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Johannesburg - The KwaZulu-Natal health department is using the supplier of ambulances as a scapegoat in its crisis, the Health and Other Service Personnel Trade Union (Hospersa) said on Saturday.
“Hospersa is aware of the fact that emergency services base managers in KwaZulu-Natal did warn their fleet management and operations management of areas for concern ahead of the hand over to the new service provider,” spokeswoman Michelle Connolly said in a statement.
“This was during March and their concerns were the exact ones that the department has now chosen to highlight on Friday.”
The provincial health department on Friday said it had to use emergency and rescue vehicles for critical patients.
This was because of problems with the company responsible for servicing the department's ambulances, spokesman Sam Mkhwanazi said at the time.
Connolly said the problems with the supply of ambulances began around the second week of April.
The public health service was placing the lives of patients at risk and denying them their constitutional right to emergency health care, she said.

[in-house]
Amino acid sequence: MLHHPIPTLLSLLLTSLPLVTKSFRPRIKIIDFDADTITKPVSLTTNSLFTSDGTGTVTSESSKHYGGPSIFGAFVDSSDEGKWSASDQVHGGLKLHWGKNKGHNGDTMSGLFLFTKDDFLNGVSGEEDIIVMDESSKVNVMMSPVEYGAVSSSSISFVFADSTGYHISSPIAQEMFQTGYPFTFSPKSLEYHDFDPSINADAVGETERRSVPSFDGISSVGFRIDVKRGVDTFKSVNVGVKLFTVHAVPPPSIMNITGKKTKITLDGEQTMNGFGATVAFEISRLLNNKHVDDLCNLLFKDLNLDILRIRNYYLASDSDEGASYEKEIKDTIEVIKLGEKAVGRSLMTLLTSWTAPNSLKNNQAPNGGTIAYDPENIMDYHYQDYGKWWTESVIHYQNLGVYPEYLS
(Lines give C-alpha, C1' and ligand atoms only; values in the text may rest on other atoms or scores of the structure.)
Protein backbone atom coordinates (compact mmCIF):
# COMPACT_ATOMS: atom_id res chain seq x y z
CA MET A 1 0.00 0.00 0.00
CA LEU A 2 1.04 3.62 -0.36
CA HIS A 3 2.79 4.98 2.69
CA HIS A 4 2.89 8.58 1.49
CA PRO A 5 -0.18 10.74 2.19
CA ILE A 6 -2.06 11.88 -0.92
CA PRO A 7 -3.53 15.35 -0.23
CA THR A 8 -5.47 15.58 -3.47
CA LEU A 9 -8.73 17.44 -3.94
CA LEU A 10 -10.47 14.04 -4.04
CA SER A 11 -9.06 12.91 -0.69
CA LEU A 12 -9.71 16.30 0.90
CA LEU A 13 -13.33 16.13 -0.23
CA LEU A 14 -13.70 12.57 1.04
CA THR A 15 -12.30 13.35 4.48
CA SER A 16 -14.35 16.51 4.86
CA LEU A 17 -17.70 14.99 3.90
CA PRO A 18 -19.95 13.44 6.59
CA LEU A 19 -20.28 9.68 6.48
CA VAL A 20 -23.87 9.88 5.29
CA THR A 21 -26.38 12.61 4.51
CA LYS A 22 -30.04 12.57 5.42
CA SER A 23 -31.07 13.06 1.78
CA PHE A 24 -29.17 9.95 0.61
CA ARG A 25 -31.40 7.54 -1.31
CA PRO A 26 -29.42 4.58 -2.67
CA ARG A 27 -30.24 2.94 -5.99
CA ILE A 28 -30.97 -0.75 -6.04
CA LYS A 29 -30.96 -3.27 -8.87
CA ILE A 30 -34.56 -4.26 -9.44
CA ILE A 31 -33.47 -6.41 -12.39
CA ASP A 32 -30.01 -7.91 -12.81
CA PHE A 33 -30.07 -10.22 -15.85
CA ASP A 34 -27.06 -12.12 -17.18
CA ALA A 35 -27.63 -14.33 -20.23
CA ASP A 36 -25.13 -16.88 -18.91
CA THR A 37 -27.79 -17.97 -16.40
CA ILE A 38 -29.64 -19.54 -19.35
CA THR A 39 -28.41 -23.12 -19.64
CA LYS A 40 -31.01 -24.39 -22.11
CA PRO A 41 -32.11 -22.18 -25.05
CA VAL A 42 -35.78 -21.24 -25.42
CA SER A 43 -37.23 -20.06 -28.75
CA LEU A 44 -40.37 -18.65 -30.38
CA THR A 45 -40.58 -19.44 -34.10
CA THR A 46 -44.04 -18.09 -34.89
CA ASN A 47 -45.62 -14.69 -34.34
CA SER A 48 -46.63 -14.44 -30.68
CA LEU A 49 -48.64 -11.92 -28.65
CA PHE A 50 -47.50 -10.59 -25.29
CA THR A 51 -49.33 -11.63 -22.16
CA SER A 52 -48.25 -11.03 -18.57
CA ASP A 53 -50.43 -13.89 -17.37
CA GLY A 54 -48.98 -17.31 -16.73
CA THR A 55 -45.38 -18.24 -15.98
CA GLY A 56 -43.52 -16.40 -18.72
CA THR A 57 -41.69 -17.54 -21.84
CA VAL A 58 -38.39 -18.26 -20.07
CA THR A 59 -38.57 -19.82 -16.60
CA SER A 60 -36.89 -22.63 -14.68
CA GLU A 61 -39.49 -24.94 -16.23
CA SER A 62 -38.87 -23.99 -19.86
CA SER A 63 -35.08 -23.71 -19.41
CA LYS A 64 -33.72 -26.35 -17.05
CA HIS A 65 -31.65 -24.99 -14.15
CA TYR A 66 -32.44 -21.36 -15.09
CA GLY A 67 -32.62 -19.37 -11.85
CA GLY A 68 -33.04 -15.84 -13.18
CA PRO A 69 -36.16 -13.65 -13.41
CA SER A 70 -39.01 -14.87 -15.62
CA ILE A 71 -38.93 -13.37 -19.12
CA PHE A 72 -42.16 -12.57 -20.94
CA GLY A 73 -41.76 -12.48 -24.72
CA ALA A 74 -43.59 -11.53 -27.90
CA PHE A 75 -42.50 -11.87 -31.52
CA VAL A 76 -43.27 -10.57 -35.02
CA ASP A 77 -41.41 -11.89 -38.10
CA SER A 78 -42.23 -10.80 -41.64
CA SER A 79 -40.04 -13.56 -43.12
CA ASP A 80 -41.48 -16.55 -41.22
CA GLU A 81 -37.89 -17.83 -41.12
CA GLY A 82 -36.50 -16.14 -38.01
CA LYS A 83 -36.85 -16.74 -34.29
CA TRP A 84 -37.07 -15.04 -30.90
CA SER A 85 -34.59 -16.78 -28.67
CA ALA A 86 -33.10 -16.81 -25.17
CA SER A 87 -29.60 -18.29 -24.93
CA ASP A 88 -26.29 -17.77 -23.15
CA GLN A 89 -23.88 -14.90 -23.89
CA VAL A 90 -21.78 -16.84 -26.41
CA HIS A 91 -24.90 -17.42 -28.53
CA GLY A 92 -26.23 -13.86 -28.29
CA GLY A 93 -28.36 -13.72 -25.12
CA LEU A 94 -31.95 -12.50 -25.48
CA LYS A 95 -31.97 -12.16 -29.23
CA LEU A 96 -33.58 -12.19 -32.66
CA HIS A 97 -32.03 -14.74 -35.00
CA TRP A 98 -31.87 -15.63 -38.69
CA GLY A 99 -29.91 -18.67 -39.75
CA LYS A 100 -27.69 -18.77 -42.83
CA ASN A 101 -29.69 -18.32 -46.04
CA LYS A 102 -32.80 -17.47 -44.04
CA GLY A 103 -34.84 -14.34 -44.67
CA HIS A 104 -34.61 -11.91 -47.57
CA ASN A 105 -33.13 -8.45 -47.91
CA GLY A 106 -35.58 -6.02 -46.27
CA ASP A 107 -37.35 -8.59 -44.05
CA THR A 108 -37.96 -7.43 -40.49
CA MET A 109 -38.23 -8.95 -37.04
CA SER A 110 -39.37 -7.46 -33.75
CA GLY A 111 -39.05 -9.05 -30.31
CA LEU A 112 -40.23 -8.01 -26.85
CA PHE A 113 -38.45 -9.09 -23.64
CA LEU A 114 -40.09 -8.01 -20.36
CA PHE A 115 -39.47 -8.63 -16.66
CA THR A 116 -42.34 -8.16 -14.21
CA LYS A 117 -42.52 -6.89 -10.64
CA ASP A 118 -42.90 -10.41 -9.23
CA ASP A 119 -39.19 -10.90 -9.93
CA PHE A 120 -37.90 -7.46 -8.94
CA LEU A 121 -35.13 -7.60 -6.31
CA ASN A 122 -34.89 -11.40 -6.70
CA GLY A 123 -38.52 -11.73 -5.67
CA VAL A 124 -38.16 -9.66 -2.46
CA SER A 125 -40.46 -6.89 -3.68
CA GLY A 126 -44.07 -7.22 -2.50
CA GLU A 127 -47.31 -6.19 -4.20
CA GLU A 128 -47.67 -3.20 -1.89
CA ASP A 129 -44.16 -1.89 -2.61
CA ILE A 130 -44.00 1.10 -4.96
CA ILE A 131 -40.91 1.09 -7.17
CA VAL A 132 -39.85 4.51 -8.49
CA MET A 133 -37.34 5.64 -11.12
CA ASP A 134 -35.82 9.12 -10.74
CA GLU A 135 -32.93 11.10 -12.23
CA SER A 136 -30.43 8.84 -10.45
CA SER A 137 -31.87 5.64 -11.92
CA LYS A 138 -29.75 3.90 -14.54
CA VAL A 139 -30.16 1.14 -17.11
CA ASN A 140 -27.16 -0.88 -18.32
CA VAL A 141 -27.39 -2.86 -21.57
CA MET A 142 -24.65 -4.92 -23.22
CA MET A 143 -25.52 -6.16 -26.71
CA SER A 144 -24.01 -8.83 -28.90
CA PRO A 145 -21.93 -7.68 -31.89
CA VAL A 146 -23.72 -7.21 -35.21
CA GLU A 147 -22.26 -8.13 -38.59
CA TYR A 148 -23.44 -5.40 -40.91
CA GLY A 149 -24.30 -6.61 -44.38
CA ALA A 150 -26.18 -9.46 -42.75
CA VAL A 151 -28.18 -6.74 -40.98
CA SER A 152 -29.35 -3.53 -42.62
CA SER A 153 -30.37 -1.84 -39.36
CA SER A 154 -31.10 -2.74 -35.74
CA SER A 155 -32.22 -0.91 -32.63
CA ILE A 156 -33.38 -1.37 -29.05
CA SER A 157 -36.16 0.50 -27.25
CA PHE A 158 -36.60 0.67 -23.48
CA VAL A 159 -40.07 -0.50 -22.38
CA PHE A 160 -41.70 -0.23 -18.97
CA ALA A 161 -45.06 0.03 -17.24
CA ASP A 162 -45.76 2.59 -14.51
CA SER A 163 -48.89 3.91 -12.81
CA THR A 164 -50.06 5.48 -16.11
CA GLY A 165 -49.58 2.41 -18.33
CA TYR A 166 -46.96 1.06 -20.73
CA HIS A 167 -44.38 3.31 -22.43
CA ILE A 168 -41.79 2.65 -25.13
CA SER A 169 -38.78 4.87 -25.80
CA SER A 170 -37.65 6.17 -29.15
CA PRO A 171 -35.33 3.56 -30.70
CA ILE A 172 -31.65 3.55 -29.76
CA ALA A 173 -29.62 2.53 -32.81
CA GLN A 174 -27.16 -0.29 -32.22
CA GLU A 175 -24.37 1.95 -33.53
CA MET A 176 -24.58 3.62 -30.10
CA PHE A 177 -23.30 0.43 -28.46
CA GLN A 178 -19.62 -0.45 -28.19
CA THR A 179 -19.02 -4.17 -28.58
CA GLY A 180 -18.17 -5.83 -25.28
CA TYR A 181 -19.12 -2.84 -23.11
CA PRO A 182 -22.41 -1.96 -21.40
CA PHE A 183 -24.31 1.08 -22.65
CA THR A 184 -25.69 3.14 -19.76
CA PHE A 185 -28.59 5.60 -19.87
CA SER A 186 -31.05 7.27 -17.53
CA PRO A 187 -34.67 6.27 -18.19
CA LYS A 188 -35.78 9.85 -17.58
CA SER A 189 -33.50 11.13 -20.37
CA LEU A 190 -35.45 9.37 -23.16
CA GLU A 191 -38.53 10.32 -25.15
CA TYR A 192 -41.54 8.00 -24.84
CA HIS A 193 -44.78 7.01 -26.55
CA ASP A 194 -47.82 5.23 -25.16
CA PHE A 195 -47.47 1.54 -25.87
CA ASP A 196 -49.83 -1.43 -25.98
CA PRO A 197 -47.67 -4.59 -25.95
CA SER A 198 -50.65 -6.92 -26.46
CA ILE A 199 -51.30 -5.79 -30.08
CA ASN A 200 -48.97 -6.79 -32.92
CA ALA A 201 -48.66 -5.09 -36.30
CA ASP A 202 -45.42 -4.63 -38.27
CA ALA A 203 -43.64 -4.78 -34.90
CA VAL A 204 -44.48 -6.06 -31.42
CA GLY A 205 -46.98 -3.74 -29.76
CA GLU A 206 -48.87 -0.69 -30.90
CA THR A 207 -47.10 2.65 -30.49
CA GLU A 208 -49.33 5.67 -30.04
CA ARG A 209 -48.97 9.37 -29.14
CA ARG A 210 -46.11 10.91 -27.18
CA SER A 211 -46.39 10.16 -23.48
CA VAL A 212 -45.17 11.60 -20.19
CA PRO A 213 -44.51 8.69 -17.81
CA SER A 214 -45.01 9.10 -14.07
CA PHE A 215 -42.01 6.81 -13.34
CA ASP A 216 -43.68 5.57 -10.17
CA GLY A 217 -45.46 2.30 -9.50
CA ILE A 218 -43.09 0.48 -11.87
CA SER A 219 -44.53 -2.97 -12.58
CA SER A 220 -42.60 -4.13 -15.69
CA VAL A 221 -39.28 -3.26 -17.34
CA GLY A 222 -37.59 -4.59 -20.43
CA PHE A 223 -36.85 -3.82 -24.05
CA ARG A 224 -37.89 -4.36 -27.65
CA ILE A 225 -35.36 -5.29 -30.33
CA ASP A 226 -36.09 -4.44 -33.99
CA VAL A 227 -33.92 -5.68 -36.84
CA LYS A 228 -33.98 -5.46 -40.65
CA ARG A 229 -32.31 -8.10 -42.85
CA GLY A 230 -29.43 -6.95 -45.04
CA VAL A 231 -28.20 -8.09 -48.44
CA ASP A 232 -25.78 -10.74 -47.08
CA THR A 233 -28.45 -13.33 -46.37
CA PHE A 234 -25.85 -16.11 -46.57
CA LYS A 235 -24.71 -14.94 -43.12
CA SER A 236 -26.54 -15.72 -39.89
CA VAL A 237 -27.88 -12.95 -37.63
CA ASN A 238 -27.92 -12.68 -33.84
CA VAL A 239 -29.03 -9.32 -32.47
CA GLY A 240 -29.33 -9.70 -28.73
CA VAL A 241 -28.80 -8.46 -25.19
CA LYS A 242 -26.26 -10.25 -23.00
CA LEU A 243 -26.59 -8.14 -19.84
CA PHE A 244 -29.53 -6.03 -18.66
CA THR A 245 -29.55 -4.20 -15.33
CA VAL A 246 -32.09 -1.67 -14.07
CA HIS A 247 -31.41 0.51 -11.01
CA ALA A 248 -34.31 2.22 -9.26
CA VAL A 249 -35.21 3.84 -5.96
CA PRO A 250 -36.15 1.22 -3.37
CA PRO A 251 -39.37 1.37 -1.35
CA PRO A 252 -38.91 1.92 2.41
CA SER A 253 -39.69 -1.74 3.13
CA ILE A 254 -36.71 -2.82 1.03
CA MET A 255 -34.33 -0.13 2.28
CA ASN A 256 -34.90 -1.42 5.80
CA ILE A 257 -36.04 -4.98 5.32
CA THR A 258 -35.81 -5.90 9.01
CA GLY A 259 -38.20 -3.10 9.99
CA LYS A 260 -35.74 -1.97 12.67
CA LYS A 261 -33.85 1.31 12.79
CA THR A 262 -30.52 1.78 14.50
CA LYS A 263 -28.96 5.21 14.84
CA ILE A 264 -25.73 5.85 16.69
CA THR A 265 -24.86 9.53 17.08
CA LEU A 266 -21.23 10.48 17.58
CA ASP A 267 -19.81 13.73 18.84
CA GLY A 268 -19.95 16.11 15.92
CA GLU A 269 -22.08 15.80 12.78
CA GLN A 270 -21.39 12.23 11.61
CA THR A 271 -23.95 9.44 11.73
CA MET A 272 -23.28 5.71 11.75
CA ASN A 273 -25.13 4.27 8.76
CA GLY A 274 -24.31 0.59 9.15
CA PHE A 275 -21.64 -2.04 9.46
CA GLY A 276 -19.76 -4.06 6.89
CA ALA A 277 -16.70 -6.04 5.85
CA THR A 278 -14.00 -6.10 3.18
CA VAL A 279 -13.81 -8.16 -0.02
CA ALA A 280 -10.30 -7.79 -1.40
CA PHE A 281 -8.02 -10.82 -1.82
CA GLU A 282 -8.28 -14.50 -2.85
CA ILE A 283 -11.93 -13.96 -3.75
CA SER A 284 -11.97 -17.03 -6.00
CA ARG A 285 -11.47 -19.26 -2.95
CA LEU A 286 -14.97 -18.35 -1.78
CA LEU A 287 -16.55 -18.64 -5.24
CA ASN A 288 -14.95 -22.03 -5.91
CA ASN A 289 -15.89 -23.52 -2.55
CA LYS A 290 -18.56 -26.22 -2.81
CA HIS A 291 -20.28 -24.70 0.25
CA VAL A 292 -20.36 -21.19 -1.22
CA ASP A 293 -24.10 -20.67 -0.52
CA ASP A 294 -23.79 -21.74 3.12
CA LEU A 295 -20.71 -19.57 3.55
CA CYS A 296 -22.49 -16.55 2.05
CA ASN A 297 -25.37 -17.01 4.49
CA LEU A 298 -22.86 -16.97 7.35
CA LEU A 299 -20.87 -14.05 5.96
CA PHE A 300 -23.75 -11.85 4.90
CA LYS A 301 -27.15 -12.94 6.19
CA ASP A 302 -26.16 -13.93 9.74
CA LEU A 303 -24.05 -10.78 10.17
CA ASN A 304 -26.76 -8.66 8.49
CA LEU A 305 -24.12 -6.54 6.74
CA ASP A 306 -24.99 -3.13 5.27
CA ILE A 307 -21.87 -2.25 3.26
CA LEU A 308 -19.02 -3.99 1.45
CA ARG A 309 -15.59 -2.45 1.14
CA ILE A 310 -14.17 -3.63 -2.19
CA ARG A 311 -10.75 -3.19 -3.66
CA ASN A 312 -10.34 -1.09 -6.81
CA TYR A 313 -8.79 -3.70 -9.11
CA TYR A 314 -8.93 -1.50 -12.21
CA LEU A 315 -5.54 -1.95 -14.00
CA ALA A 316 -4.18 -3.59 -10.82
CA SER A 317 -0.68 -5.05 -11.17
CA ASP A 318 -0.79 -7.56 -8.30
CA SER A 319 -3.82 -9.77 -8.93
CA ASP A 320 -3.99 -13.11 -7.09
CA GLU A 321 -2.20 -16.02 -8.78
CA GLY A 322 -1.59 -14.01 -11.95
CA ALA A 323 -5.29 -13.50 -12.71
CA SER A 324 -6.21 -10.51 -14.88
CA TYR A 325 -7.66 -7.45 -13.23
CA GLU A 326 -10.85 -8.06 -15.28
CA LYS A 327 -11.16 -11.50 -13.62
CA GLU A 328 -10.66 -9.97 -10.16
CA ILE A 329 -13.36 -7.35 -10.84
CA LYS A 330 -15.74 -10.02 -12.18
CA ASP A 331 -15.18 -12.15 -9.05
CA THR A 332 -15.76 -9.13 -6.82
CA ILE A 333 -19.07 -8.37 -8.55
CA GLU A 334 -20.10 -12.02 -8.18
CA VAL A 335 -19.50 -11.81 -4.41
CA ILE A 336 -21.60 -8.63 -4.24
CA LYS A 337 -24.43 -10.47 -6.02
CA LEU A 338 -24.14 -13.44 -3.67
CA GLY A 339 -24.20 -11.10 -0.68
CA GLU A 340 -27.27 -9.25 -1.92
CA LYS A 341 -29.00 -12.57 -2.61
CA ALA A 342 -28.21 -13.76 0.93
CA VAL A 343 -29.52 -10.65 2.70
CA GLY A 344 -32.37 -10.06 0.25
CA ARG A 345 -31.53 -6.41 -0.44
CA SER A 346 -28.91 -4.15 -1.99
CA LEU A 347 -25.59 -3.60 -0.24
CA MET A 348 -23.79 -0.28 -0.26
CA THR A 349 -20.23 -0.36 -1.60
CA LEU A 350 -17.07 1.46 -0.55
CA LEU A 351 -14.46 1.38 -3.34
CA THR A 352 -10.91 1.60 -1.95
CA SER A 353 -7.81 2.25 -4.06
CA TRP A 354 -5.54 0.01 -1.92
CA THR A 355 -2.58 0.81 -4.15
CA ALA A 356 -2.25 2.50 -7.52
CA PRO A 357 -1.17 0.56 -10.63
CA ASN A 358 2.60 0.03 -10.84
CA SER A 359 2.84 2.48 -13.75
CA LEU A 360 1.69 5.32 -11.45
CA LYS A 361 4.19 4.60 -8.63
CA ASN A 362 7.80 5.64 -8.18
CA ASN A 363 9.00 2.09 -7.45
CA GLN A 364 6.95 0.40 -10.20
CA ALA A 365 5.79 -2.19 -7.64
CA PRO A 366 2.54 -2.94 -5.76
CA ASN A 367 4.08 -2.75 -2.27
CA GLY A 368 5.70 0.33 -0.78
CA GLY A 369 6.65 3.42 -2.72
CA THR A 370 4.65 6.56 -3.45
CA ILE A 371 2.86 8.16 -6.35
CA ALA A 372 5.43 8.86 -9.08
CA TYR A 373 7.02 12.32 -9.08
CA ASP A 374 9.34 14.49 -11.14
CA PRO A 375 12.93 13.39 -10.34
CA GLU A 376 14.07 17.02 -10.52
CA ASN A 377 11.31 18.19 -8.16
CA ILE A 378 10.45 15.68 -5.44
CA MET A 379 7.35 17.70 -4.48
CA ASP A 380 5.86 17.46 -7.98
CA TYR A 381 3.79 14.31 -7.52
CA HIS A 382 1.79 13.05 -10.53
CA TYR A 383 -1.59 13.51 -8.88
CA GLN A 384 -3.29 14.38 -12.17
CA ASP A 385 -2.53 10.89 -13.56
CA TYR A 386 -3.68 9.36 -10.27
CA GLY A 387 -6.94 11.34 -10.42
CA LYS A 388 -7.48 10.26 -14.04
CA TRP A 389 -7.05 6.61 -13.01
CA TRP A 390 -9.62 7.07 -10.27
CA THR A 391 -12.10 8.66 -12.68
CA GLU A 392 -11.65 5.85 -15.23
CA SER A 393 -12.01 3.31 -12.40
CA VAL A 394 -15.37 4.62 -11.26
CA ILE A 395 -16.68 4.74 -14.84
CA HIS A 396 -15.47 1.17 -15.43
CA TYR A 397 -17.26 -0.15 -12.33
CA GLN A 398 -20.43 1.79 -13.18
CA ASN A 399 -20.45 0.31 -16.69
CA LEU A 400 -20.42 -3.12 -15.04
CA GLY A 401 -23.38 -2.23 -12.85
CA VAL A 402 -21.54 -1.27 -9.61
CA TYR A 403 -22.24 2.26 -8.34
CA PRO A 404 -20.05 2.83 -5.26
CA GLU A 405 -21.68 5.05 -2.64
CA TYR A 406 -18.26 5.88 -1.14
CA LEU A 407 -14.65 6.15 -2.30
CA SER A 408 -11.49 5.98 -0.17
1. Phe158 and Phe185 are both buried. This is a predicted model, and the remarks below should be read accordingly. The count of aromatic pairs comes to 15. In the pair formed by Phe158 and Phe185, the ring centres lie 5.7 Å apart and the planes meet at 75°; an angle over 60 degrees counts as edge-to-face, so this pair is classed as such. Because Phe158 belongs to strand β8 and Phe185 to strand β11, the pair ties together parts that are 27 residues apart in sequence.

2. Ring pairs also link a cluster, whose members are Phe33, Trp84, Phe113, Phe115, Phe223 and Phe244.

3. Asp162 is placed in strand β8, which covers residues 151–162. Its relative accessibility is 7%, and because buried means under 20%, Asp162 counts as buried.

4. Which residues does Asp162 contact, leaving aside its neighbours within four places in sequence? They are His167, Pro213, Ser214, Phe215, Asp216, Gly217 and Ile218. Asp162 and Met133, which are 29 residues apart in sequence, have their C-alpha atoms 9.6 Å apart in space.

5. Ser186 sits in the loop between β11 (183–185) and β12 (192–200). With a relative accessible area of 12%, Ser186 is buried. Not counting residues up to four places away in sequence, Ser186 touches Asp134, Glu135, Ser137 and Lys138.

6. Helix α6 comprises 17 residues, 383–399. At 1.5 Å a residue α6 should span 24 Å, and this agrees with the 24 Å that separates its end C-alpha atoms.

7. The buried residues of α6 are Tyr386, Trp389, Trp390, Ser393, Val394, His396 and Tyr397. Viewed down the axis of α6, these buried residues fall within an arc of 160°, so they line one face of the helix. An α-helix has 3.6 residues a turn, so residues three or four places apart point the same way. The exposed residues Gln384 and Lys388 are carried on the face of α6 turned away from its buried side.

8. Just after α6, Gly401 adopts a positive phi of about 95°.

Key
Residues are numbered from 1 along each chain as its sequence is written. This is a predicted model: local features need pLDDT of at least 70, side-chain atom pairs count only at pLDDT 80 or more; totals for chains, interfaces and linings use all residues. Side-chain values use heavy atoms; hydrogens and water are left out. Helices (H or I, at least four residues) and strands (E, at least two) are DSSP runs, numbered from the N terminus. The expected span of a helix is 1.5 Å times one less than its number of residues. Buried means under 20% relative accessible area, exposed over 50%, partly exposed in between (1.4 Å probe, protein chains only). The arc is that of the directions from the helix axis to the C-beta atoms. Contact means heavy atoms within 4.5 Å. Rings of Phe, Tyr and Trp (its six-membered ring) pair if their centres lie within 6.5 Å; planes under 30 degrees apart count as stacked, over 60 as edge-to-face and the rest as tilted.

“Hospersa finds it nothing more than the worst kind of spin-doctoring for the department to emphasise that bakkies are a temporary measure to ensure patient care is not compromised and that the department has responded by deploying their support vehicles in order to ensure that health care services are continued.”
Connolly said it was not medical protocol to transport patients with severe abdominal injuries seated in the back seat of a double-cab bakkie.
She said all of KwaZulu-Natal’s emergency services vehicles had high mileage on them but base managers had been advised that were no plans in the new financial year to purchase new vehicles.